If organizations such as HRDF are to accomplished “Mission Possible”, there are the usual requirements – adequate staff, headquarters here and in Haiti, equipment, mobility, program contributions. But there is also a unique requirement – a clear, detailed, practical and affordable definition of the “Reconstruction of Haiti” that everybody is calling for but no major power or relief organization has yet put forward.

For example, where the refugees live? Who will be trusted with the donors’ money? What would be the system of check and balances? Will old cities be repaired or new ones built? Can the food, water and housing come from Haiti or will everything have to be imported? Questions like these obviously need to be answered first, then people hired, money spent, refugees cared for, etc. HRDF and its partners have some answers, and are building a brain trust in Weston, Florida to take this farther. In term of specific work, “Mission Possible” is comprised of both expended and new activities:

Systematic and continuing assessment of medical and health care needs with status report to donors, suppliers and relief workers. For example, recent field visits earlier this month to the Hôpital   in Croix des Bouquets, the Hôpital ….. in Petit-Goâve and the Hôpital Immmaculée Conception in les Cayes, has brought major pledges of equipment worth more than one million dollars for those three hospitals.

Community emergency response teams (CERTS). These are nine-day professional training sessions in each communal section that need to be followed by distribution of equipment and team assignments. HRDF initiated its HRDF-CERTS program in Aquin last year and has secured the support of Florida State Emergency Management Division as partner.

“Ecological sweat equity” for environmental refugees – People fleeing Port-au-Prince and other damaged areas need shelter and tools to resettle in safe areas and reestablish their lives. For this, HRDF proposes ecological restoration and disaster preparedness, vocational training in agriculture and fishery management for coastal zone cities. Partners include Cités Unies France and the Department des Hauts de Seine, France.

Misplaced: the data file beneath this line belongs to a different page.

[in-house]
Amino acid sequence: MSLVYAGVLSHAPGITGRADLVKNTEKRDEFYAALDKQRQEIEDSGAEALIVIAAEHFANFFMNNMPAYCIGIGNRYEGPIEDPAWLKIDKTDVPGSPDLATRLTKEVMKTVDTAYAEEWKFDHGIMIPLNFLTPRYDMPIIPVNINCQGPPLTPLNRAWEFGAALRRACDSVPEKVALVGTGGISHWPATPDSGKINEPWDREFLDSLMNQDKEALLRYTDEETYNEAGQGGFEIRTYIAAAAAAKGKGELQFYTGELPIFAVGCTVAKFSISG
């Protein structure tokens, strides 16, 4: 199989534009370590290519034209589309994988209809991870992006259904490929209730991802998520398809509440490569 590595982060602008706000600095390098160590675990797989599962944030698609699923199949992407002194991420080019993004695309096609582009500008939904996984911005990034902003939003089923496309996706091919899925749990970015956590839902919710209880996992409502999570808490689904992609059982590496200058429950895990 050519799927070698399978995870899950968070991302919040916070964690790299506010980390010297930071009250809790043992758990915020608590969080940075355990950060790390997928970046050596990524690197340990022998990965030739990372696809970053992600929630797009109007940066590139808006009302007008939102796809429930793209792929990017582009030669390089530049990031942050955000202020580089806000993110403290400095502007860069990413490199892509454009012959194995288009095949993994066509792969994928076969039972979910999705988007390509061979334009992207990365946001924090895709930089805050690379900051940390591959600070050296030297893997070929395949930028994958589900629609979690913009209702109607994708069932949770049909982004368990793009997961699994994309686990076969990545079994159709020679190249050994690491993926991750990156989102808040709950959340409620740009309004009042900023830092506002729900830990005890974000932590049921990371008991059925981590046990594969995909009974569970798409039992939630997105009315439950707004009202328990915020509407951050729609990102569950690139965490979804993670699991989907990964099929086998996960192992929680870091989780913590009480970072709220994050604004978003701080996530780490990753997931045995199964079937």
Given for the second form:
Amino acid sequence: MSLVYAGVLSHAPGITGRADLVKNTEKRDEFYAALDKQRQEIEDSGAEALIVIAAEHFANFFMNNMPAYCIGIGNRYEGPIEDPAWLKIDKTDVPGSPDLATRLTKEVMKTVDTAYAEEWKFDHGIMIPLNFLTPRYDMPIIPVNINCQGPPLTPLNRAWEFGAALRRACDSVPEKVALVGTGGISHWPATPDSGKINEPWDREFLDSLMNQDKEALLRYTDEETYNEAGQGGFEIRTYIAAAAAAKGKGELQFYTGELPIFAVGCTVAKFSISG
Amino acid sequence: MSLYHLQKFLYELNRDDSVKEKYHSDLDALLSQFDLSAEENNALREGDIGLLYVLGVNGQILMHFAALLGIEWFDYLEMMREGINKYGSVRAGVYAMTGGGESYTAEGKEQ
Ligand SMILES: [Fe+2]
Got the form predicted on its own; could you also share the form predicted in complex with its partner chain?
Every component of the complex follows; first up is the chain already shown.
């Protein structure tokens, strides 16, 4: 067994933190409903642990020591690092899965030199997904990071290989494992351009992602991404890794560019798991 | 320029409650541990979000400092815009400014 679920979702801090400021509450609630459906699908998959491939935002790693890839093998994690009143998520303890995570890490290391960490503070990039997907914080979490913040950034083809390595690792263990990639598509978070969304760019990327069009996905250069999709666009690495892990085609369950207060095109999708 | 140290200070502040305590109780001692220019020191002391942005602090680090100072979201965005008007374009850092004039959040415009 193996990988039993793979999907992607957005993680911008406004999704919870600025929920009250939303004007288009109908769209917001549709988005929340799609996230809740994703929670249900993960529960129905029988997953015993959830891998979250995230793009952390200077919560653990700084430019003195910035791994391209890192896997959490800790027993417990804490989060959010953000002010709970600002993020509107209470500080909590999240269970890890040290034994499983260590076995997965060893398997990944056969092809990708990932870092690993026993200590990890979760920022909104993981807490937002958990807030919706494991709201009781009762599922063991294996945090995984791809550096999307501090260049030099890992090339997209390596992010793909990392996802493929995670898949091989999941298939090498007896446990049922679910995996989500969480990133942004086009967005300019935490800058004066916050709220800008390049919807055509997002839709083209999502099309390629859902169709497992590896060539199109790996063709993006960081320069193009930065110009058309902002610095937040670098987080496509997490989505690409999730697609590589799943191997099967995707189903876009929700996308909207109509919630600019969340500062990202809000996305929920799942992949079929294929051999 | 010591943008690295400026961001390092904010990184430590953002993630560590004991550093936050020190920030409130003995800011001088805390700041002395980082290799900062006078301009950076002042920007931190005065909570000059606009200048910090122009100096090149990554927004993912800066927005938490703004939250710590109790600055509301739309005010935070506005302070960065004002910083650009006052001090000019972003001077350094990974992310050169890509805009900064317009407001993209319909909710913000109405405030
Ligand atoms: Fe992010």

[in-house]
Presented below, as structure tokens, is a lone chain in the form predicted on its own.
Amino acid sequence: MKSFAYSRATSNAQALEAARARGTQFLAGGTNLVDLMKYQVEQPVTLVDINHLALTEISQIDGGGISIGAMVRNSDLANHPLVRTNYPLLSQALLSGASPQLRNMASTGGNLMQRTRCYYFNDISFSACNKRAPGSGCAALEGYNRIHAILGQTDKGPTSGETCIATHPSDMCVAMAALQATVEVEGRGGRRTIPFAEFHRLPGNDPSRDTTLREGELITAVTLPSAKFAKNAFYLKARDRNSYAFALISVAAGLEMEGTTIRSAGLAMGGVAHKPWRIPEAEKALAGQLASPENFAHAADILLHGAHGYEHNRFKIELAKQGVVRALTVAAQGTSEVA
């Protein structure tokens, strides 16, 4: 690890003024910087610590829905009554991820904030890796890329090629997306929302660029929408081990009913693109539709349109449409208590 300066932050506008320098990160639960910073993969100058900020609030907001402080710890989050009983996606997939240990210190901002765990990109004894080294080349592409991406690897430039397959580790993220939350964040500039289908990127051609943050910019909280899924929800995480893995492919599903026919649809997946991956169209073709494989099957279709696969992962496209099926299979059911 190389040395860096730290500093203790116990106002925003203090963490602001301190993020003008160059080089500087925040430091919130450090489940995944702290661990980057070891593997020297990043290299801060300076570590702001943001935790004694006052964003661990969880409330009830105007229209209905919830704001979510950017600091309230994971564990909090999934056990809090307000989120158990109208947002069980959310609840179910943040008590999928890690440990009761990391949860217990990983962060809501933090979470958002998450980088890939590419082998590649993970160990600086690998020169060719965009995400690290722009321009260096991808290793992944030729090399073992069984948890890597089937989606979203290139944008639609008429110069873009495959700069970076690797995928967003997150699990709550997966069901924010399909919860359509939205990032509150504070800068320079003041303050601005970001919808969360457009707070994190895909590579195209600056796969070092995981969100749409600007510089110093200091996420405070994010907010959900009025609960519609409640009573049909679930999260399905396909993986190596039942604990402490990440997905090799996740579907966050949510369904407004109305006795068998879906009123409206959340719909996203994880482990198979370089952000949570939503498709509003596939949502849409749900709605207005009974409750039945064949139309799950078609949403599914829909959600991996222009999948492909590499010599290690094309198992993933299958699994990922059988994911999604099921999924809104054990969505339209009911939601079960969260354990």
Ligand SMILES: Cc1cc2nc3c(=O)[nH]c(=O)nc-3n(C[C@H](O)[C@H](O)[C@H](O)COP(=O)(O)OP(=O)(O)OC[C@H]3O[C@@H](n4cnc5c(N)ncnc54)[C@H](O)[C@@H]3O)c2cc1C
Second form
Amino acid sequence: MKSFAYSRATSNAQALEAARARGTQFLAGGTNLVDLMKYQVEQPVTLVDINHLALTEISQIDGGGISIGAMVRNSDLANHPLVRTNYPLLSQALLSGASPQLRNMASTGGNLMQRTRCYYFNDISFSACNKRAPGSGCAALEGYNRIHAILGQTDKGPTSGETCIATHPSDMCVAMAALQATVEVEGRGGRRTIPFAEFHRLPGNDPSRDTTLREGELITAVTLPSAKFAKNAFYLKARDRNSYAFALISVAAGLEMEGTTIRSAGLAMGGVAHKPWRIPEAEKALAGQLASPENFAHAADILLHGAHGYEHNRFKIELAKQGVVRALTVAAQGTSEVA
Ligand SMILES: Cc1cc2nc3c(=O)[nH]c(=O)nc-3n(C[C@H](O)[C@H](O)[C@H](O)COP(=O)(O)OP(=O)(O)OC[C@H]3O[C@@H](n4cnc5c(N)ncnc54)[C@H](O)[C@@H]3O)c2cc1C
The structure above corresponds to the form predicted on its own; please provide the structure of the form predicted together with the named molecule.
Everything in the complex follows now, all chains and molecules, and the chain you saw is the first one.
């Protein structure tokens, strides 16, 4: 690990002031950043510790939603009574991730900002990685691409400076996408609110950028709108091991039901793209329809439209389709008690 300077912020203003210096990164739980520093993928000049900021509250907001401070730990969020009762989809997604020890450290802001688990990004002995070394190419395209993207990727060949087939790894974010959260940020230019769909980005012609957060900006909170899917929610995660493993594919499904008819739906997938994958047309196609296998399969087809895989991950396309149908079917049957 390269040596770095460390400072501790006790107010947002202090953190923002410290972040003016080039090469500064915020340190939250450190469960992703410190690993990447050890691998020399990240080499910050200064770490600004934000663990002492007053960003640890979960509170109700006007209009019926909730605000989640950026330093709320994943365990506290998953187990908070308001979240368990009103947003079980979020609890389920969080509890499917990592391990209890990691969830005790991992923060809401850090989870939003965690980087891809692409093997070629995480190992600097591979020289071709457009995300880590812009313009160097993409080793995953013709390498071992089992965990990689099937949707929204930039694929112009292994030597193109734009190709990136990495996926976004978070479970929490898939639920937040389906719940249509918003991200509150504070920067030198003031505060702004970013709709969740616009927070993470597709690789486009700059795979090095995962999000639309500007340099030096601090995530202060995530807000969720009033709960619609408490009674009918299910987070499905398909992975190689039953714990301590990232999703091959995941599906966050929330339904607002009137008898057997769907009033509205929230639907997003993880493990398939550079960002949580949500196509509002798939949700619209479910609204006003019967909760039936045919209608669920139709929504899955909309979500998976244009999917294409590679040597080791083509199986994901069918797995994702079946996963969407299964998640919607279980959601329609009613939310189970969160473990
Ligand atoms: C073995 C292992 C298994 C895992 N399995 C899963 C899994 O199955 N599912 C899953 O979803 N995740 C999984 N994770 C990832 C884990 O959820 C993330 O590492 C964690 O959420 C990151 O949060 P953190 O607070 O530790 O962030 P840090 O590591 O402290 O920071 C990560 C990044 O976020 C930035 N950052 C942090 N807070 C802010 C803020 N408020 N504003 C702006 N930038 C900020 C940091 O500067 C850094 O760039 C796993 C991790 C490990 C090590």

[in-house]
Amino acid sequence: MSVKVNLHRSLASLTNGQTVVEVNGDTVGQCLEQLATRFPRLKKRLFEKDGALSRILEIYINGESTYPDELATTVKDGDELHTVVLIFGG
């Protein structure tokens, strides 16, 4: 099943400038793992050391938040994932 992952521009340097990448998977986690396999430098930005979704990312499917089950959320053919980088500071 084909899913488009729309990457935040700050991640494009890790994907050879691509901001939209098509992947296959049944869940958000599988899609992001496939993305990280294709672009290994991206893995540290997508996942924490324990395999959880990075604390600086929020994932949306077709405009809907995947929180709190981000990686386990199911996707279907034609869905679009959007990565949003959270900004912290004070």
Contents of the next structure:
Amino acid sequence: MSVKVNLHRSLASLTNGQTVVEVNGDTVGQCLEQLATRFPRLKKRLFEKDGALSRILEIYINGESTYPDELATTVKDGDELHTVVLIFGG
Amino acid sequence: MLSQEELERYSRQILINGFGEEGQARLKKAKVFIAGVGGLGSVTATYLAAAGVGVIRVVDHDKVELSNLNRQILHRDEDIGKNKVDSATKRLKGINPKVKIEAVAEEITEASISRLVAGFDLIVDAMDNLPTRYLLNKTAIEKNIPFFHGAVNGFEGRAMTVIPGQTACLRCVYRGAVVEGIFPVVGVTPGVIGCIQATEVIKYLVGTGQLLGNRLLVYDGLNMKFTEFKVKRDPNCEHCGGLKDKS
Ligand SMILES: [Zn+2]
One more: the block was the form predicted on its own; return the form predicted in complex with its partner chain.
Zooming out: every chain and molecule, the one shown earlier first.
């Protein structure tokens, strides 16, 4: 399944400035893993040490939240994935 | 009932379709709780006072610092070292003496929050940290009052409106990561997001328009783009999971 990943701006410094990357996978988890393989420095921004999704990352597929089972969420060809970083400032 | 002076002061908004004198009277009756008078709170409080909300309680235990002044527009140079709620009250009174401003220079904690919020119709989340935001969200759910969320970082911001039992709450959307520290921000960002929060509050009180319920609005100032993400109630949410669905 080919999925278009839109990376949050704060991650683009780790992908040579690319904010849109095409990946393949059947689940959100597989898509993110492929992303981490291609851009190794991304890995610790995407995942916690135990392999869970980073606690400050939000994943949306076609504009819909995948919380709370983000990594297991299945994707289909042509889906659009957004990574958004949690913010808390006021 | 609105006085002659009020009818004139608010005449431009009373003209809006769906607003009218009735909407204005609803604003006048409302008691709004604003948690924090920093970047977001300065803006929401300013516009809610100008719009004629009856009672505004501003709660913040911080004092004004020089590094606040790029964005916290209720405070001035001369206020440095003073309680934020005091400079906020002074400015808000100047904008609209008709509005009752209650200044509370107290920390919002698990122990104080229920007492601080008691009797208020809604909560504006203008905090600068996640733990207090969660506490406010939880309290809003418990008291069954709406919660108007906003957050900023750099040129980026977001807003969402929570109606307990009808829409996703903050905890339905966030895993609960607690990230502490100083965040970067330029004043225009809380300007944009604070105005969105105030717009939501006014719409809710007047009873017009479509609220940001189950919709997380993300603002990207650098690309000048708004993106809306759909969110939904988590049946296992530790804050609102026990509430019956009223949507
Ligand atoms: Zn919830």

What can Weston and other south Florida communities do to help?

Awareness of Haiti – HRDF wants to make sure that the people of Weston and other southern Florida communities keep the people of Haiti in their minds, especially environmental refugees who still have no place to go, no belongings, no ability to support or feed themselves, and no assurance of being able to survive the months of rains and storms that are coming. The emergency continues.

Awareness of HRDF – HRDF wants to make sure that the people of Weston and other southern Florida communities know about us and that HRDF is a Weston-based organization with active projects that need their contributions, partnership and advice.

Our current needs – HRDF is tax-exempt and will be grateful for contribution. The address is 854 Marina Drive Weston, Florida 33327. We also need donation in of camping tents and laptops computers, so our staff in Haiti can continue their work and help the population at large, especially the students. Here in town, we also urgently need the free use of a car and an apartment, and office equipment, so we can keep and attract experts to work with us day by days and keep things going while others are in Haiti.

Anything else you would like to share with our readers about life in Haiti or relief efforts?

So far, Billions of dollars seem to have been collected after the earthquake. But almost none of it has gone to enable Haitian organizations like HRDF to do its work. We think that is unfair and unwise, especially because Haitians organizations have the advantage of culture, motivation and opportunity for success. People of Weston need to speak to their members of congress to require a portion of the relief money to go to qualify Haitian organizations. This would be a great help.


The Haitian Resource Development Foundation prioritizes programs that enable and empower various Haitian locales to further personal and collective independence. Engaging in a range of programs over 20 years, the HRDF continues a commitment to providing measurable results for program beneficiaries and program benefactors. Working with multiple international partners from North America and Europe, the HRDF is committed to fundamental improvements in Haitian villages to ensure greater economic vitality in the near future.